With love, Jai Shri Hari.
Shri Jada Bharata, the royal sage lifted the fawn out of compassion, took it to his ashrama and fed it with tender grass, protecting it from wild beasts. Soon he grew fondly attached and feared harm to his pet. Eventually he died and was born as a deer in his next birth.
A knowledgeable devotee like Shri Jada Bharata also got deluded by worldly attachment. The Vedic Scriptures affirm that a man is born as what he concentrates upon at the time of death, in his next birth. Thus wise men advise us to constantly focus on the Supreme Being so that we attain Vaikuntha after death. Because of his tapas the deer that was Bharata, could remember its past by the Lord's grace. Even on acquiring the body of a deer his knowledge and memory were intact. Later born as a human, he headed speedily towards his goal and obtained union with the divine.
Merciful pity sounds great since it is a great virtue but is forbidden for renunciation; hampering union of the individual soul with the Lord. Mankind whose perennial quest is for a divine and transcendental love should not get engrossed in acts prescribed by religion.Therefore at the end of the 'Bhagwad Gita' Lord Krishna has endorsed the abandoning of religious and social obligations which a devout Hindu is required to fulfil. They are a hindrance to Bhagvat Smarana or a concentrated internal practice of imaginative recollection by living through the countless playful legends of Radha and Krishna.
Once Maharajji related that a disciple having renounced the world lived next to a great saint of Vraja and did bhajan. Observing the plight of thirsty travellers in the searing heat, he kept earthen water pots of cold water for them. Soon enough, hordes of people thronged the place, leaving no time for him to worship and sing the Lord's glories. The saint watched the scenario for some days and eventually admonished the disciple. Had he come for union with the divine or to do meritorious acts? He must go back home if gathering virtues was his objective.
The cry of the enraptured soul for oneness with God is supreme and whosoever is an obstacle on this path should be uprooted. We awaken to a world of enlightenment with the episode of Jada Bharata; even after such aloofness from the mundane it does not take long for affectionate bonding to crop up.
"When will God take us under his shelter?" you ask. Your question is evidence enough that he already has. Only a person whom he blesses, ardently longs for his protection. The Supreme Being is very compassionate and is drawn towards a mortal who otherwise does not have the ability to move towards him. But a longing for union with God is essential and some effort should certainly be made in this direction.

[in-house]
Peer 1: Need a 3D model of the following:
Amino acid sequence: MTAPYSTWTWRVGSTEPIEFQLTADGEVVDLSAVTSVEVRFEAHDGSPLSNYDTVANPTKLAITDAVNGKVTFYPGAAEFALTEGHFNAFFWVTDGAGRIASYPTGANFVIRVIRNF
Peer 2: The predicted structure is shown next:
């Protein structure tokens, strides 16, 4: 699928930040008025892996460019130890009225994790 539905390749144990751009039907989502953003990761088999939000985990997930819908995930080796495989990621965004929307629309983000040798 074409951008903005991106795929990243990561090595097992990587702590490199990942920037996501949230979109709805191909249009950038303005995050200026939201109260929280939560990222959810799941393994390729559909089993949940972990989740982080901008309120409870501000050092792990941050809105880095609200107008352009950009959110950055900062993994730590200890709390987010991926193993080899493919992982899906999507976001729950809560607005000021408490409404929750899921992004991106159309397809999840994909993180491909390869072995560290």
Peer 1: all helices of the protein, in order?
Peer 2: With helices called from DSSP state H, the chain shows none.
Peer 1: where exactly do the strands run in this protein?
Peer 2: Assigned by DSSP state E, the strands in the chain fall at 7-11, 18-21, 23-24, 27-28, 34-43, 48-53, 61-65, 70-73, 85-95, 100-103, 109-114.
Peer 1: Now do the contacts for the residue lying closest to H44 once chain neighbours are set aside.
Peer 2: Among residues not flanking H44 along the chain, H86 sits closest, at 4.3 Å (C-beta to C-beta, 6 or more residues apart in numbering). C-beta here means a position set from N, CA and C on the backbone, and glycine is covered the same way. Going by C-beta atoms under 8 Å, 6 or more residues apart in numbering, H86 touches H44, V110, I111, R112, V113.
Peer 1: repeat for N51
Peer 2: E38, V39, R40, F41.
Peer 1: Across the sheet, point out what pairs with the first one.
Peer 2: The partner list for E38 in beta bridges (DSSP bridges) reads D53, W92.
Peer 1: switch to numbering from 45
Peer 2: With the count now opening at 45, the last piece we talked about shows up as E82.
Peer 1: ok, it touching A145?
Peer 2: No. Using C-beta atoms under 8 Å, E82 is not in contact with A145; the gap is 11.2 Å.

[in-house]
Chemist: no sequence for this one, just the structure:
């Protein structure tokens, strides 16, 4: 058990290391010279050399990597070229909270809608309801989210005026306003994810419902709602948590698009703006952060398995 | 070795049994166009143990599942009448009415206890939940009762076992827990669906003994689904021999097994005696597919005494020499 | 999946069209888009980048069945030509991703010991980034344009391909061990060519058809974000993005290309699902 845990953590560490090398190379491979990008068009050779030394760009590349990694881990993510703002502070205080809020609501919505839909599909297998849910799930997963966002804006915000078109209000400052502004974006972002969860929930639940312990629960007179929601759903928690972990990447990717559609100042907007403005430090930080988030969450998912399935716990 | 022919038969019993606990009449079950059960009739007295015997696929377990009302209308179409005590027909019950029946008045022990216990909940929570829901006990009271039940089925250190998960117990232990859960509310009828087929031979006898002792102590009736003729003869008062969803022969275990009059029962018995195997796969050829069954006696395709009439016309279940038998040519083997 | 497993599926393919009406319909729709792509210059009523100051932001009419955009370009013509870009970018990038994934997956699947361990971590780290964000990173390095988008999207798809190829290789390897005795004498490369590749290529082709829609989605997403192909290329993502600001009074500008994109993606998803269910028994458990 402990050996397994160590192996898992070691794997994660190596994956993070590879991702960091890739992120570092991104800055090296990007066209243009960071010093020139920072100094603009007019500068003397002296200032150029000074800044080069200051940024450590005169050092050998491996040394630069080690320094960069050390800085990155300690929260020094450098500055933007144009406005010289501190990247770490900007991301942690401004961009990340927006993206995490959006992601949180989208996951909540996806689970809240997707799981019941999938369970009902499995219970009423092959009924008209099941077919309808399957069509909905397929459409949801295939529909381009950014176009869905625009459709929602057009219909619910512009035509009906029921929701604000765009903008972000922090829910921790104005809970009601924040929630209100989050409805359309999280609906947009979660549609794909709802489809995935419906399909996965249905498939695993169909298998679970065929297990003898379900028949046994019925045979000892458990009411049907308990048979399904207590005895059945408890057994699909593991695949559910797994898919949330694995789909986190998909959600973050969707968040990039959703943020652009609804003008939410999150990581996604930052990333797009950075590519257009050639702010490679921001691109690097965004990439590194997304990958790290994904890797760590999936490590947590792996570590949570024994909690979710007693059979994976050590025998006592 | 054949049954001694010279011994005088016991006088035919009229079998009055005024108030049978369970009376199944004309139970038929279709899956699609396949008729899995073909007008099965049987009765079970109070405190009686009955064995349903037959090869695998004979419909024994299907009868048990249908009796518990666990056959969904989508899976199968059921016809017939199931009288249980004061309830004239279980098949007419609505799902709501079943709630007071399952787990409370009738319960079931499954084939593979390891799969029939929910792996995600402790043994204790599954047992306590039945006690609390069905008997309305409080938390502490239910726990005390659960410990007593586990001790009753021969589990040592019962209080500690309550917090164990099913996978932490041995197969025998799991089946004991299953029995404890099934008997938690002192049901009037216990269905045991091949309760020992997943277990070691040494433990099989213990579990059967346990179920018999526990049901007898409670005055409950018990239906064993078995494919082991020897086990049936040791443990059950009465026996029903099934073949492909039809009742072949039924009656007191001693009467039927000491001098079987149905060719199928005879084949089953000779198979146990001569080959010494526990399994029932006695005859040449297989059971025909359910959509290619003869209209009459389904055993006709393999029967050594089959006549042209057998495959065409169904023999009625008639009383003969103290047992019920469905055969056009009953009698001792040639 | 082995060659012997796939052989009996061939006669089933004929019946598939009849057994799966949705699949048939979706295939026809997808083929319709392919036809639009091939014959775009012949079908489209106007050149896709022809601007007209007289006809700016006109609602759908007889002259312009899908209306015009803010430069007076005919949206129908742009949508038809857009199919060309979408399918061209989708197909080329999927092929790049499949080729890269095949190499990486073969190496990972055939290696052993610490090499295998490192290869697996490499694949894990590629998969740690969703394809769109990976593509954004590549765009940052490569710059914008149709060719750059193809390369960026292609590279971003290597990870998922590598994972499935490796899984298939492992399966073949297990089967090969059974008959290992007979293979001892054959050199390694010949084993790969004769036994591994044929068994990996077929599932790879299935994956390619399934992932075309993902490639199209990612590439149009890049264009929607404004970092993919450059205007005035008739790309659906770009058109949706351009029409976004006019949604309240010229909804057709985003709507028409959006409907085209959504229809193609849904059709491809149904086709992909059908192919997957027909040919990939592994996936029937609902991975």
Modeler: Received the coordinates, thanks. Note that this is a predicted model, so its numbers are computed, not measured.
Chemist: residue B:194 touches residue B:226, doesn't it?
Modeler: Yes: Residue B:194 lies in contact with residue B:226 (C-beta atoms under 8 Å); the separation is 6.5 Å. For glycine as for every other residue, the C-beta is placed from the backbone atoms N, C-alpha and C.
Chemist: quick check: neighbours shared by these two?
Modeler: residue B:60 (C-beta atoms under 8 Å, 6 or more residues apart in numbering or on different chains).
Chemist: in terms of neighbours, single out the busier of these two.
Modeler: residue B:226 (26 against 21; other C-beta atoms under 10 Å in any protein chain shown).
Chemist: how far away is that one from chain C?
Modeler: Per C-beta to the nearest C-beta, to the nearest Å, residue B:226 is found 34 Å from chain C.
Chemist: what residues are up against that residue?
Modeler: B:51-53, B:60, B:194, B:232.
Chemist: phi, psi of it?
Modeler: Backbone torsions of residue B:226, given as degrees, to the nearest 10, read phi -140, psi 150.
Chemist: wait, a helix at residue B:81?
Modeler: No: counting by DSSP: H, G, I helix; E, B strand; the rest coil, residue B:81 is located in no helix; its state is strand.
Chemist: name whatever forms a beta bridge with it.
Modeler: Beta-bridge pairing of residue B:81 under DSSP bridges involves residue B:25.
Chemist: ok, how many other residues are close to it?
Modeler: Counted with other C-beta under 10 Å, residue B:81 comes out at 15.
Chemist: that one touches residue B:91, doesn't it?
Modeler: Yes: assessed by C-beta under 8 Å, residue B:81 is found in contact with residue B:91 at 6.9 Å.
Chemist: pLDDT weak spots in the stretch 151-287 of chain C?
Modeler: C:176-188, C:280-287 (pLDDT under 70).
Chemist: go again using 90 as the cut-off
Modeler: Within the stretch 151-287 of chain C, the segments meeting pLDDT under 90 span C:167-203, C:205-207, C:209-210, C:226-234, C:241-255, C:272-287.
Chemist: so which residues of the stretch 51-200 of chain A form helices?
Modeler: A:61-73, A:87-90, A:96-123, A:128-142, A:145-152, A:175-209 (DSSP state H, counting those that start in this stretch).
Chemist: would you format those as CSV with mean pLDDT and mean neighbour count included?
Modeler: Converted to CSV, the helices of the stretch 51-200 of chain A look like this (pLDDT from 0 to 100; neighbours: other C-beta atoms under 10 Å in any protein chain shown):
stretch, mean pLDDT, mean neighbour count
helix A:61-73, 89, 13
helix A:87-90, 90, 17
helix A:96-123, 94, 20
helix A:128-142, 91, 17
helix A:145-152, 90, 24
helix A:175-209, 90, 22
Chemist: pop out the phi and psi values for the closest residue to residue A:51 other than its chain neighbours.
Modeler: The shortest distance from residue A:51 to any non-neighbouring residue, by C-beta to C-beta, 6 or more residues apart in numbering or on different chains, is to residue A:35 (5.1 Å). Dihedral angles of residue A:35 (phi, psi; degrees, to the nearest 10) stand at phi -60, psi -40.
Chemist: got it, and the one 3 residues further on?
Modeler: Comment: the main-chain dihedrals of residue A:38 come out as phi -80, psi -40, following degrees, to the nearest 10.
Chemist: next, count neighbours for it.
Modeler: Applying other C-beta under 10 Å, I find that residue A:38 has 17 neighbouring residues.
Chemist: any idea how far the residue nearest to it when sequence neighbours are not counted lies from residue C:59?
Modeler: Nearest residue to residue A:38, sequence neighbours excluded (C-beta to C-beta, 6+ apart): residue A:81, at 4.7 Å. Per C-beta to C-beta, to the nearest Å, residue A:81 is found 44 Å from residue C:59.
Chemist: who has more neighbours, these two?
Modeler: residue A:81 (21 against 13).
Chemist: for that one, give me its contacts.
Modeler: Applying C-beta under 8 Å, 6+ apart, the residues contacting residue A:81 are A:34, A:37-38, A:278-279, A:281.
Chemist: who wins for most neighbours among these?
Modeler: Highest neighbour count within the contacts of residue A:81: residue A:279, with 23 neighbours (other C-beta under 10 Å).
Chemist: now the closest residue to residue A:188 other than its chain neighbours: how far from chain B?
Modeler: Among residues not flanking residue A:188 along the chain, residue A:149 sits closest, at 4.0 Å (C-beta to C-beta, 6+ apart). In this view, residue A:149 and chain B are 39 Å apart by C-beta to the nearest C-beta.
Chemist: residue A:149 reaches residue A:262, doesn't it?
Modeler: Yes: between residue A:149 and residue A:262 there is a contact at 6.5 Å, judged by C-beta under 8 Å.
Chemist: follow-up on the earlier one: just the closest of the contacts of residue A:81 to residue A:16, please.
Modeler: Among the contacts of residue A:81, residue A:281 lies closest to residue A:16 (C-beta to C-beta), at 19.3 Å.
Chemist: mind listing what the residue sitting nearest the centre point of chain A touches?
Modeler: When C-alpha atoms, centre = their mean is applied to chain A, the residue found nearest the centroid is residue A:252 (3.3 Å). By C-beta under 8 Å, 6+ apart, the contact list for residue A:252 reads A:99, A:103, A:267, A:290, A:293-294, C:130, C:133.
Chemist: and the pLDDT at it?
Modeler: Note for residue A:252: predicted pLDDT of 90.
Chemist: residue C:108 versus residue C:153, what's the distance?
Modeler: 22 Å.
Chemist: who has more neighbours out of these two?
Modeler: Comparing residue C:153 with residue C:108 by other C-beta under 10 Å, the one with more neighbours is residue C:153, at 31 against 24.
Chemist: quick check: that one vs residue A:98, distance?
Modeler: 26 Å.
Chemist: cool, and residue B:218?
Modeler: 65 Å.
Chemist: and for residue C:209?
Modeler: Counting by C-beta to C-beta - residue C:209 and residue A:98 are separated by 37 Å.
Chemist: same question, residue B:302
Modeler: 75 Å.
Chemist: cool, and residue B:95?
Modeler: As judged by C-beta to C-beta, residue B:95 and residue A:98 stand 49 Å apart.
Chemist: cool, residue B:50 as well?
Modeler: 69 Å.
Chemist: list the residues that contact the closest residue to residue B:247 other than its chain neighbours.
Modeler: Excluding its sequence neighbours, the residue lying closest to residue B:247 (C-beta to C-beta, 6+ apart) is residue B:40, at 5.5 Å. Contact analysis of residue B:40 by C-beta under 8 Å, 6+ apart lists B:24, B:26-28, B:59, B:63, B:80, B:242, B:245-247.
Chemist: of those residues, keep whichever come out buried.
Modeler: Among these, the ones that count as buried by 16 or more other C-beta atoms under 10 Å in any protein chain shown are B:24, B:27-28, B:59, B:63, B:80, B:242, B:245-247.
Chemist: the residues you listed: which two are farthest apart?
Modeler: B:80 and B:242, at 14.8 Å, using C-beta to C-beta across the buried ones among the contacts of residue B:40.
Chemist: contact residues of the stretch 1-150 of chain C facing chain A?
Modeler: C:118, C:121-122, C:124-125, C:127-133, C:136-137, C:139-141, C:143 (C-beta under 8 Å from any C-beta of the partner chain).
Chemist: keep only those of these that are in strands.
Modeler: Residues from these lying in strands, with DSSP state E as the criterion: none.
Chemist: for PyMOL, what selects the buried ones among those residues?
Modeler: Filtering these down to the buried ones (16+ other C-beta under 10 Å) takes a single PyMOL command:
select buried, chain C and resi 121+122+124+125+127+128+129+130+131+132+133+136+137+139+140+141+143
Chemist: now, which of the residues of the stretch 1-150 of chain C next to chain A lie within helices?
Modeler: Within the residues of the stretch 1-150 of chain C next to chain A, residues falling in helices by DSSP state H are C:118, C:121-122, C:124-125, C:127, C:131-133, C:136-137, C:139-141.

"God is our own!" but we are not convinced of this truth. It is not certain that we can attain him by striving towards him. But a deliberate attempt must be made since it tenderly purifies our thoughts; never arrogant about our enterprise lest it vanishes.Shri Hari manifests in a pious mindset soon enough, precisely as we can see our face clearly in a spotless mirror.
"Beware, don't get involved in worldliness on the plea of serving your mother!" These are memorable lines. Several times we end up erecting a bhavan of worldly joys on the spiritual plane. Terming our actions as attending to the needs of the Lord, we often satiate our earthly desires. At the slightest negligence, the temporal plane takes over.
Listen to a weird incident. " Once a saint had great regard for the Bhagwad Gita. He reared a cat to protect the holy scripture from rats; brought a cow for the cat's milk. One fine day he got married so that his wife could look after the cow. Soon enough he was involved in a domestic household." The episode endorses that on the pretext of doing our duties and taking God's name, we are often ensnared in the web of illusion. Basheshur, never forget to japa the mala (to tell one's beads to perform devotions).
Once darling Gopala (an epithet of Lord Krishna, the protector of cows) woke up at night and insisted' "Mother I will eat dry fruits and right now." Nonplussed, she reasoned,"Lala! From where can I get mewa at midnight, wait till the morning." The Lord persisted," Maiya I have a craving at the moment. If you allow, I can go get it knowing where it is stashed." She very well know his stubborn nature and gave in, asking him to come back soon.
Getting her permission, Gopalji fled and returned shortly with a handful of mewa. On the other hand, Poddarji's wife saw lots of dry fruit strewn on her bed in the morning which Gopalji had purposely scattered having taken out the goodies from her locked cupboard. Seeing the scenarion, Poddarji at once figured out that it was the naughty prank of Gopala, the son of Yashodha; which was later confirmed by the mother.